For several months, it was the darling of everyone. Within seconds, Artificial Intelligence (AI) had impressed with its ability to perform complex tasks that take humans painstakingly long.
None was the talk of town than ChatGPT which is owned by OpenAI, a company co-founded by Twitter and Tesla billionaire Elon Musk and backed by Microsoft co-founder Bill Gates.
But these two backers are now expressing fear that the technological advancement is proceeding at a breakneck speed that may take the world on a perilous.
And they are not alone. Late in March, The Future for Life Institute, a thinktank, sparked a storm when it wrote a letter asking artificial intelligence companies to pause the training of powerful AI systems for at least six months citing profound risks to society and humanity through the proliferation of misinformation and the replacement of human workers by algorithms.
Other risks it said are posed by the use of AI include; bias perpetuated by the systems due to training algorithms with inaccurate and unrepresentative data that produce unfavourable results to certain groups of people, weaponisation of AI systems by governments to undermine freedom of expression, and association, intrusive surveillance through the use of facial recognition technologies, and data rights violation.
While Ian Muthomi acknowledges there is cause for concern, the chief executive officer at Visiondrill, an AI-driven social learning platform, says the pitfalls are minor compared to the collective human development benefits that the technology promises.
“AI development in Kenya has the potential to help tackle economic problems that Africa faces, such as in agriculture to improve food supply and healthcare in remote locations. However, there are challenges such as a lack of investment and specialised talent. The government has formed an AI task force and there are initiatives to make AI accessible to everyone,” says Mr Muthomi.
Pausing AI development, he says, gives an edge to countries where it’s ongoing.
“Some companies may fear competition and want to slow it down. We should focus on implementing guardrails for safe and reliable AI.”
His company is using AI to simplify complex topics, give career recommendations, and work with human instructors as co-instructors.
“With education, tools are likely to be built for teachers and professors to assist them in a way that they can make the entire experience a lot more engaging and productive. I think we’re going to see applications that we can’t even imagine today,” he says.
Just like the founders of Facebook, Instagram, and WhatsApp created the apps for the smartphone and people found them as useful utilities, he says the same should be done with AI.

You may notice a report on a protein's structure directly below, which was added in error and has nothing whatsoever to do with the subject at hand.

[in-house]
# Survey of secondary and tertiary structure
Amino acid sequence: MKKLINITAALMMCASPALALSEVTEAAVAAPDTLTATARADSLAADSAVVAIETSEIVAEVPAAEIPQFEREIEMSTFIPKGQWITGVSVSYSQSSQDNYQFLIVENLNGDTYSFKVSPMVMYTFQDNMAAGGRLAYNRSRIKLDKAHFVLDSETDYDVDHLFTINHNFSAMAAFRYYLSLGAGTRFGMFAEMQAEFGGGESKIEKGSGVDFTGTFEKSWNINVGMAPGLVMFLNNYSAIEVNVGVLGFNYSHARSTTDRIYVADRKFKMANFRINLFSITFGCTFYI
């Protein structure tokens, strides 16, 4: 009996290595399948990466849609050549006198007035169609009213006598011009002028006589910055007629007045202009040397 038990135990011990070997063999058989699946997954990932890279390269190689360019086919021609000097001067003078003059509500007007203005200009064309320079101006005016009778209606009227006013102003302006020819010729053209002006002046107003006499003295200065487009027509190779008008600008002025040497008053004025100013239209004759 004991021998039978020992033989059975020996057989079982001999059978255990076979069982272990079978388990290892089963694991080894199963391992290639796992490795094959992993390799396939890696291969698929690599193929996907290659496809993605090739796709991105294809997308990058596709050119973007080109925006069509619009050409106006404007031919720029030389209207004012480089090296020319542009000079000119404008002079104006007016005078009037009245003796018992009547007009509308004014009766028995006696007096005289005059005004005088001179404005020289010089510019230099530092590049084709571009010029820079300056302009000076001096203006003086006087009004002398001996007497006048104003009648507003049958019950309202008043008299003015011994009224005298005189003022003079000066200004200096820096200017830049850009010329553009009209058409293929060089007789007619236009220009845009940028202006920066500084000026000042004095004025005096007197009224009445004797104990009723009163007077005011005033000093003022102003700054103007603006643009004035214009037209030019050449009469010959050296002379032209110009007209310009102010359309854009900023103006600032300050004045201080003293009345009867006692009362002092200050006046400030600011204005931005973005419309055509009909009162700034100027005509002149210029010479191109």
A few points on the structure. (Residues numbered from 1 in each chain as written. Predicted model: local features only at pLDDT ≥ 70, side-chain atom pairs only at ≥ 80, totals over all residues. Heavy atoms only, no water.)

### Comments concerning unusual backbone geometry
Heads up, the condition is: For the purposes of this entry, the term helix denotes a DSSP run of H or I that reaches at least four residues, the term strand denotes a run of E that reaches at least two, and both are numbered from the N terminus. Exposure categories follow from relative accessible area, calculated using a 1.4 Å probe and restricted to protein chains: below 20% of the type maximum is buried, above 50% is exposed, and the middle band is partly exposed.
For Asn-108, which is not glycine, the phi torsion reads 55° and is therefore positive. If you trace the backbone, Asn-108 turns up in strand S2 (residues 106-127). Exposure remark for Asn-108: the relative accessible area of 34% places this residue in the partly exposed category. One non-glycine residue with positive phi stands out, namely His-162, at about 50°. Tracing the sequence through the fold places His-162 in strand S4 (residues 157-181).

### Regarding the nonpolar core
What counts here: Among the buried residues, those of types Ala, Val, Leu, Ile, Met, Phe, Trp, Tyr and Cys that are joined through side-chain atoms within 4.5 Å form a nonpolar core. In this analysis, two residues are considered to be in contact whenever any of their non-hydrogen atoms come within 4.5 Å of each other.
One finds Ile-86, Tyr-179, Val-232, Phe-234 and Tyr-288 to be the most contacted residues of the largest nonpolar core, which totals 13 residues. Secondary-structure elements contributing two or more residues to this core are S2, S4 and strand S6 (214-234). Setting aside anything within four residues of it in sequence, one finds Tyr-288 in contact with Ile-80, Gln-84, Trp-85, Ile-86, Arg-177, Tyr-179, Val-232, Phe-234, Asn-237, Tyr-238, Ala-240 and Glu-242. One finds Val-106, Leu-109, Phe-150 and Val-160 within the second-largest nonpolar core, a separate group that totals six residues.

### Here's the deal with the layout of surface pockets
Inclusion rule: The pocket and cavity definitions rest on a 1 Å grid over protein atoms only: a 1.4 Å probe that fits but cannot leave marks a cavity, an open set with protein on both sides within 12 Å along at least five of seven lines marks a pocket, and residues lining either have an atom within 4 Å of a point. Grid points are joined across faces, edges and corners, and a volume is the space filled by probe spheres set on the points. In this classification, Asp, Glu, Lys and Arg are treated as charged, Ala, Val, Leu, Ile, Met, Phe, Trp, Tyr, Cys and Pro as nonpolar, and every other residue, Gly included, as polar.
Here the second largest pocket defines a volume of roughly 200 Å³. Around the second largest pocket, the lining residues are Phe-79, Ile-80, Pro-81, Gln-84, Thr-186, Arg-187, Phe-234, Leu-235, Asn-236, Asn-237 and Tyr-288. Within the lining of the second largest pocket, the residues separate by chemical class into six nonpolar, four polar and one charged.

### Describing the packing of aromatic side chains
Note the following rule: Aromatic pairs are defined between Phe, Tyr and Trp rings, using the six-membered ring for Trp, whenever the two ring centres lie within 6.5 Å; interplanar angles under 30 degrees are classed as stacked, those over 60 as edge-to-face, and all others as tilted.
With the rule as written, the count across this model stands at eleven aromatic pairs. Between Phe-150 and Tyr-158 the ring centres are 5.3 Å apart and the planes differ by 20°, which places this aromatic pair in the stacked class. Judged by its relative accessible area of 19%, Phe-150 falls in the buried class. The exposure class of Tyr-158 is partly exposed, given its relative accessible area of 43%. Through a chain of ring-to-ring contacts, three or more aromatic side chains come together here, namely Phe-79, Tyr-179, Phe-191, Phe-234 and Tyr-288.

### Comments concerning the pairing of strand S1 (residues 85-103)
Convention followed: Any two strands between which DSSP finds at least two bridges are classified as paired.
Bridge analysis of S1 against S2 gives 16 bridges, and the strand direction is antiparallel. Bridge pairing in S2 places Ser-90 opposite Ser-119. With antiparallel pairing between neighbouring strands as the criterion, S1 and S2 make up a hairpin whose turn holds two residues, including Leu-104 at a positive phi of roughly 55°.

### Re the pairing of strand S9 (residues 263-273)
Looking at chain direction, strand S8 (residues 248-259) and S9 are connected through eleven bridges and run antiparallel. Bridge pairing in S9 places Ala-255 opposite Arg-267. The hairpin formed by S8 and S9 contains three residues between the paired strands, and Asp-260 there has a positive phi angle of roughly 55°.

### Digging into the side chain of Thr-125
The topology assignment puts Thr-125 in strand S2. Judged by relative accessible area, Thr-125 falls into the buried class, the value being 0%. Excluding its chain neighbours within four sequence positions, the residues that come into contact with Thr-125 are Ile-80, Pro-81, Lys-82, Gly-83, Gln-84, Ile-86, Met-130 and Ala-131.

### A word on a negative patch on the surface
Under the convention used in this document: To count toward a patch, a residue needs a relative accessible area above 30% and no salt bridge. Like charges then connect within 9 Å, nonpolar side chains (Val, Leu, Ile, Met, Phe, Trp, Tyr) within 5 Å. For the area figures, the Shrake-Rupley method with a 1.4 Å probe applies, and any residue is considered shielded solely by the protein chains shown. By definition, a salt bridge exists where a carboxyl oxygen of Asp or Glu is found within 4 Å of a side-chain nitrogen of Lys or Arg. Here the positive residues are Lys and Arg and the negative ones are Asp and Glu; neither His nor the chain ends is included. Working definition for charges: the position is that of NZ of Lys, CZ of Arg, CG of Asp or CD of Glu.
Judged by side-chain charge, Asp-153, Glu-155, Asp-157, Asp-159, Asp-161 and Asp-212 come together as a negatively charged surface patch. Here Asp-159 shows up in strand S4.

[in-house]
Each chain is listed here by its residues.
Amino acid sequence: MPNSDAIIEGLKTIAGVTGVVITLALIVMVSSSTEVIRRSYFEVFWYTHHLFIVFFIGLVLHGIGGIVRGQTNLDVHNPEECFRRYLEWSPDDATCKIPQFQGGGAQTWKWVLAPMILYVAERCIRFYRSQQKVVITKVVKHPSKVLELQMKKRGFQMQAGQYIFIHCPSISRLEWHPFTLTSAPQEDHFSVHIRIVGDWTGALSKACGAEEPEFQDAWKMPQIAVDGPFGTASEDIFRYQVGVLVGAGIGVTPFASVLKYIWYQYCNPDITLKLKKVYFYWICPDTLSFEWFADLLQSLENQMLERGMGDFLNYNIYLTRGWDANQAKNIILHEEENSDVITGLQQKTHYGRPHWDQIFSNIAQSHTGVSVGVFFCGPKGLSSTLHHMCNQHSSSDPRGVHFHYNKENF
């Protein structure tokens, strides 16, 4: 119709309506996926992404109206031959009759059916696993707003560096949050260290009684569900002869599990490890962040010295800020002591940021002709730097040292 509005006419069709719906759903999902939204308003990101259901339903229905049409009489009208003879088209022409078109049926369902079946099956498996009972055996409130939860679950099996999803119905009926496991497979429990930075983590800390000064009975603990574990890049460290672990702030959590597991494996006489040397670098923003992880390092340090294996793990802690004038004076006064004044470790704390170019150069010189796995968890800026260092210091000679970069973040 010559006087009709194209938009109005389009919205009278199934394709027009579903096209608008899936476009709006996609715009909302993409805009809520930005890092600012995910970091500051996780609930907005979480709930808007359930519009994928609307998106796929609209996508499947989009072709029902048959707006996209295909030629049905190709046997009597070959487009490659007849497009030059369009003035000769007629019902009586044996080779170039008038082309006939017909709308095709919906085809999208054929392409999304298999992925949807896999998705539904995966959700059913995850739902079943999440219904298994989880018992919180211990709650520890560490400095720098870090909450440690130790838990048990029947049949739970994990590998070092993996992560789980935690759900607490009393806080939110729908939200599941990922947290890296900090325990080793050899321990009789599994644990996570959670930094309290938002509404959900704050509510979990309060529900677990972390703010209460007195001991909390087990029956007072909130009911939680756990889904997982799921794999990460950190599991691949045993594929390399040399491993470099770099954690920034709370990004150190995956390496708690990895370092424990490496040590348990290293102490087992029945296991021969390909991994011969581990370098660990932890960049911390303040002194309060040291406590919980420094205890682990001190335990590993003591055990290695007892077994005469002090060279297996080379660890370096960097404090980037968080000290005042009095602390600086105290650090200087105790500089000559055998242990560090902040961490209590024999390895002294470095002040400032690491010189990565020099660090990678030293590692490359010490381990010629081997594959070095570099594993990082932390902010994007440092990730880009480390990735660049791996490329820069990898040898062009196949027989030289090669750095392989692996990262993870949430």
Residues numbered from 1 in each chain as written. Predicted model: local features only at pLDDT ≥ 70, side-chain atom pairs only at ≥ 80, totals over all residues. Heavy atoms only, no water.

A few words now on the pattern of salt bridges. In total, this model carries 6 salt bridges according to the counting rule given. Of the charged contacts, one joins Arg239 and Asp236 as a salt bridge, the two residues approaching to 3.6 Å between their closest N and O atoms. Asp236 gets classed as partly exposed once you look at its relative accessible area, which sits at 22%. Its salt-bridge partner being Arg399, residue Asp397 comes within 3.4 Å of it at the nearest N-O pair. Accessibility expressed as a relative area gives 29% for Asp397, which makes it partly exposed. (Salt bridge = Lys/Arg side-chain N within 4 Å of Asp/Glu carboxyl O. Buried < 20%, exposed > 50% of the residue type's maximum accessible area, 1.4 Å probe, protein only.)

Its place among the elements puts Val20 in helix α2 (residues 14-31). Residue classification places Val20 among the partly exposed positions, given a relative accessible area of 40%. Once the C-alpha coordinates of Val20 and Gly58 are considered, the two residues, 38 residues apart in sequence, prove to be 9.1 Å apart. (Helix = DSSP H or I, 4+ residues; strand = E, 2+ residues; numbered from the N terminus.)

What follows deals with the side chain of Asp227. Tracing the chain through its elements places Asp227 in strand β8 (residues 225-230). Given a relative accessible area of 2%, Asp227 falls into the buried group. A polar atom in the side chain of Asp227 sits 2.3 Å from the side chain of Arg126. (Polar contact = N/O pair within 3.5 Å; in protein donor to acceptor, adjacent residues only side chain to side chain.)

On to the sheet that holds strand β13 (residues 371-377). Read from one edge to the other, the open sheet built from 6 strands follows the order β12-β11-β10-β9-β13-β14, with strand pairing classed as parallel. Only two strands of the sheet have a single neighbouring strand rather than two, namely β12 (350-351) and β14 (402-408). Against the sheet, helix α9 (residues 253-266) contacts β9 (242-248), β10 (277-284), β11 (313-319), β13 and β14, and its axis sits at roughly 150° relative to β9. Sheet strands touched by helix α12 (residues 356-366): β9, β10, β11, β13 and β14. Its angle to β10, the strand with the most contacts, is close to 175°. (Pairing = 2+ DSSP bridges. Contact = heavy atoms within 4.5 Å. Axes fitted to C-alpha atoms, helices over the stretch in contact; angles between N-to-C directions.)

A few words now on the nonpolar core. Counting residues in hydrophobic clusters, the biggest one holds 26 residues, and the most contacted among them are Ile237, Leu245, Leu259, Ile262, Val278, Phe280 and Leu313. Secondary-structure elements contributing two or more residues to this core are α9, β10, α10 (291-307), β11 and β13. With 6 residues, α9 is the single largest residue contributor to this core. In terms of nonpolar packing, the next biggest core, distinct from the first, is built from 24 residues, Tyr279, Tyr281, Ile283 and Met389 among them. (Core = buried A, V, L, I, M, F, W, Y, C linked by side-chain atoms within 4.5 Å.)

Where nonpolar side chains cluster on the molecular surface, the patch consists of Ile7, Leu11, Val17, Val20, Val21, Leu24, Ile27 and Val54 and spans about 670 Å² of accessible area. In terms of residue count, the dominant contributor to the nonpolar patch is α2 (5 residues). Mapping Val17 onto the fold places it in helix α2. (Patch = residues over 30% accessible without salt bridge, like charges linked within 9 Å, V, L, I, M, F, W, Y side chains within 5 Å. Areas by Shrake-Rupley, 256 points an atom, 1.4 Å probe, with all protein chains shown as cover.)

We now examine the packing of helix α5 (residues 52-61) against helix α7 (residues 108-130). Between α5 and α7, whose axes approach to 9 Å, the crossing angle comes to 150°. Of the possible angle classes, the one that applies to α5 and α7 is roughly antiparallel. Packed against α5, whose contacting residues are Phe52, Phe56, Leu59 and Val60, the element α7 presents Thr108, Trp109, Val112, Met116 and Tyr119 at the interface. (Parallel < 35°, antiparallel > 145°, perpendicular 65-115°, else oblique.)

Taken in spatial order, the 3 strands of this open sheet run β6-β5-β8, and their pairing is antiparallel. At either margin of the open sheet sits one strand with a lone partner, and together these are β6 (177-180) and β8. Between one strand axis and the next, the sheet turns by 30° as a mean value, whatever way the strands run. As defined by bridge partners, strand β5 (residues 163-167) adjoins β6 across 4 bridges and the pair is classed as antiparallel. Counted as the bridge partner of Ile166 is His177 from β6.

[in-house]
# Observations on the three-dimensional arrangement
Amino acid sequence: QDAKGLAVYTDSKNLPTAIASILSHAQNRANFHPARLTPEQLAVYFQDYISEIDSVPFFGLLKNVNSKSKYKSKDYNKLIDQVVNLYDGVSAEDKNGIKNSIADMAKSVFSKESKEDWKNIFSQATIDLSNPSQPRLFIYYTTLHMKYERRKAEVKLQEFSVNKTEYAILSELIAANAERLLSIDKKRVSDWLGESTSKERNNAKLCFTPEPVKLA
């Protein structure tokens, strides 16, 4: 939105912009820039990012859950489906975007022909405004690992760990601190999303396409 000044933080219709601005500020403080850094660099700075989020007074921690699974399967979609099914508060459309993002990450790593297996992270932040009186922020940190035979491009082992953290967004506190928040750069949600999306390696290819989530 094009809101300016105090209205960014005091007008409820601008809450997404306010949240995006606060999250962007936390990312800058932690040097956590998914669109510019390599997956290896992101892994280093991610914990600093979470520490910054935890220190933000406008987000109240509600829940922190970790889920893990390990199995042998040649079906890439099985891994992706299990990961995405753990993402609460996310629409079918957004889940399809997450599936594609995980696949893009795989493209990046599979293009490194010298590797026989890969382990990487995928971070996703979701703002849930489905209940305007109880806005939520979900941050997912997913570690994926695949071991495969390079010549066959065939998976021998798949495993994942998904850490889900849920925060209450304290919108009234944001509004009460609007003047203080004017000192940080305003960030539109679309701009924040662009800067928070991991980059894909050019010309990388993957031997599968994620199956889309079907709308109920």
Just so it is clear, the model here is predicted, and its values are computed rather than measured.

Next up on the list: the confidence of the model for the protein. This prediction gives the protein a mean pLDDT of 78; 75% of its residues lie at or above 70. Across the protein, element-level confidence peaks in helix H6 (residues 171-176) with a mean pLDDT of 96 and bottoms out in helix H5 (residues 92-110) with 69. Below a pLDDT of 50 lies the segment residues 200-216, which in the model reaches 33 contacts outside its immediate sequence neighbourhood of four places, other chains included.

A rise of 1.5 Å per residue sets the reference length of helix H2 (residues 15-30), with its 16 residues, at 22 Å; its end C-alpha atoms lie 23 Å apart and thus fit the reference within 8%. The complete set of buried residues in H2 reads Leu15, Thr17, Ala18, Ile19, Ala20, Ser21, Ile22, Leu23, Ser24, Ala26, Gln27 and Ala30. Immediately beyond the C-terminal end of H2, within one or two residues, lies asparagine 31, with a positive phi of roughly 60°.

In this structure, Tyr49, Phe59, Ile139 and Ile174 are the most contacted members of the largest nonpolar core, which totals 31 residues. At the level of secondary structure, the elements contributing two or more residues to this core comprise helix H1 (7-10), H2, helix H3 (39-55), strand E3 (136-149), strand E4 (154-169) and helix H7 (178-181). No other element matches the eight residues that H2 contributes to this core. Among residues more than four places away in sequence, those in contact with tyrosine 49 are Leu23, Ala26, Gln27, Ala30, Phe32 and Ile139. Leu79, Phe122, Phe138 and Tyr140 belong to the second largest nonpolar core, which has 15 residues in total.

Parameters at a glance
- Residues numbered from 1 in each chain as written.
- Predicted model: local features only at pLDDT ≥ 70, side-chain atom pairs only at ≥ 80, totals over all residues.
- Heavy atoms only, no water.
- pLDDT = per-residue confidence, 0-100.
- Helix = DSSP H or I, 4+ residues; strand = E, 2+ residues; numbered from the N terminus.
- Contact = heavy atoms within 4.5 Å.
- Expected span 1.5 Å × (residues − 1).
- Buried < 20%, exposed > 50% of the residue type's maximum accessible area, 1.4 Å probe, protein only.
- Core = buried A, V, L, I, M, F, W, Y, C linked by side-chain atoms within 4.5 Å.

“Let the AI developers of today and tomorrow create those programmes, apps, and companies to make it much easier for everybody to use AI.”
How entrenched is AI in the Kenyan economy?
According to research conducted recently by Strathmore University’s Centre for Intellectual Property and Information Technology Law (CIPIT) on the utilisation of AI in Africa, Kenya has 49 AI applications cutting across 15 sectors.
Alfred Ongere, founder of consulting company Ai Kenya says that Artificial Intelligence, like any other technology, has both pros and cons and the difference lies in how it is deployed.
“Yes, the fears are founded. However, they are just opinions that would still be shared by sceptics based on how they see technology advancing. It plays to a global context…any economy that is heavily dependent on the internet to survive, and Kenya is one of them,” he says.
“Its adoption can grow the country’s economy. For instance, in the health sector, AI has been resourceful in the detection of diseases, in agriculture, it has provided means for early detection of crop diseases, in fintech, it has enabled the unbanked population to access fast short-term loans, and in education, it has provided students with personalised learning resources,” points out Mr Ongera.
Curing the mistrust
“At Ai Kenya, our goal is to democratise machine intelligence. We exist to ensure that the general public and our tech industry in East Africa understand how the technology works, how they can build it, how it affects their lives, and how they can contribute to it.
We do this through monthly free-to-attend events, ranging from fireside chats, training workshops, documentary screenings, start-up features, and hackathons.
We are actively keeping the public up to date on the advances in the AI field, to ensure we remain competitive and relevant in the global economy.”
Philip Owoko, an IT consultant at SovTech Enterprise; a global software development company based in South Africa, believes the cure for the growing mistrust in AIs lies in the government prioritising creating a regulatory framework around AI that addresses the human rights implications of the technology.
“The use of AI in healthcare, for instance, raises concerns about patient privacy, the reliability of diagnoses, and the potential for medical errors or discrimination in treatment decisions. The deployment of AI algorithms in medical settings necessitates careful considerations to protect patient confidentiality, validate algorithms’ performance, and ensure that AI augments human expertise rather than replacing it,” says Mr Owoko.
These concerns, he says, highlight the multifaceted challenges associated with AI adoption and emphasise the importance of addressing them through thoughtful regulation, ethical guidelines, transparency, and ongoing research and development.
“Addressing these concerns requires collaboration among policymakers, researchers, technologists, and society at large to establish ethical guidelines, regulations, and frameworks that ensure the responsible and beneficial deployment of AI technologies,” he adds.
Source: Business Daily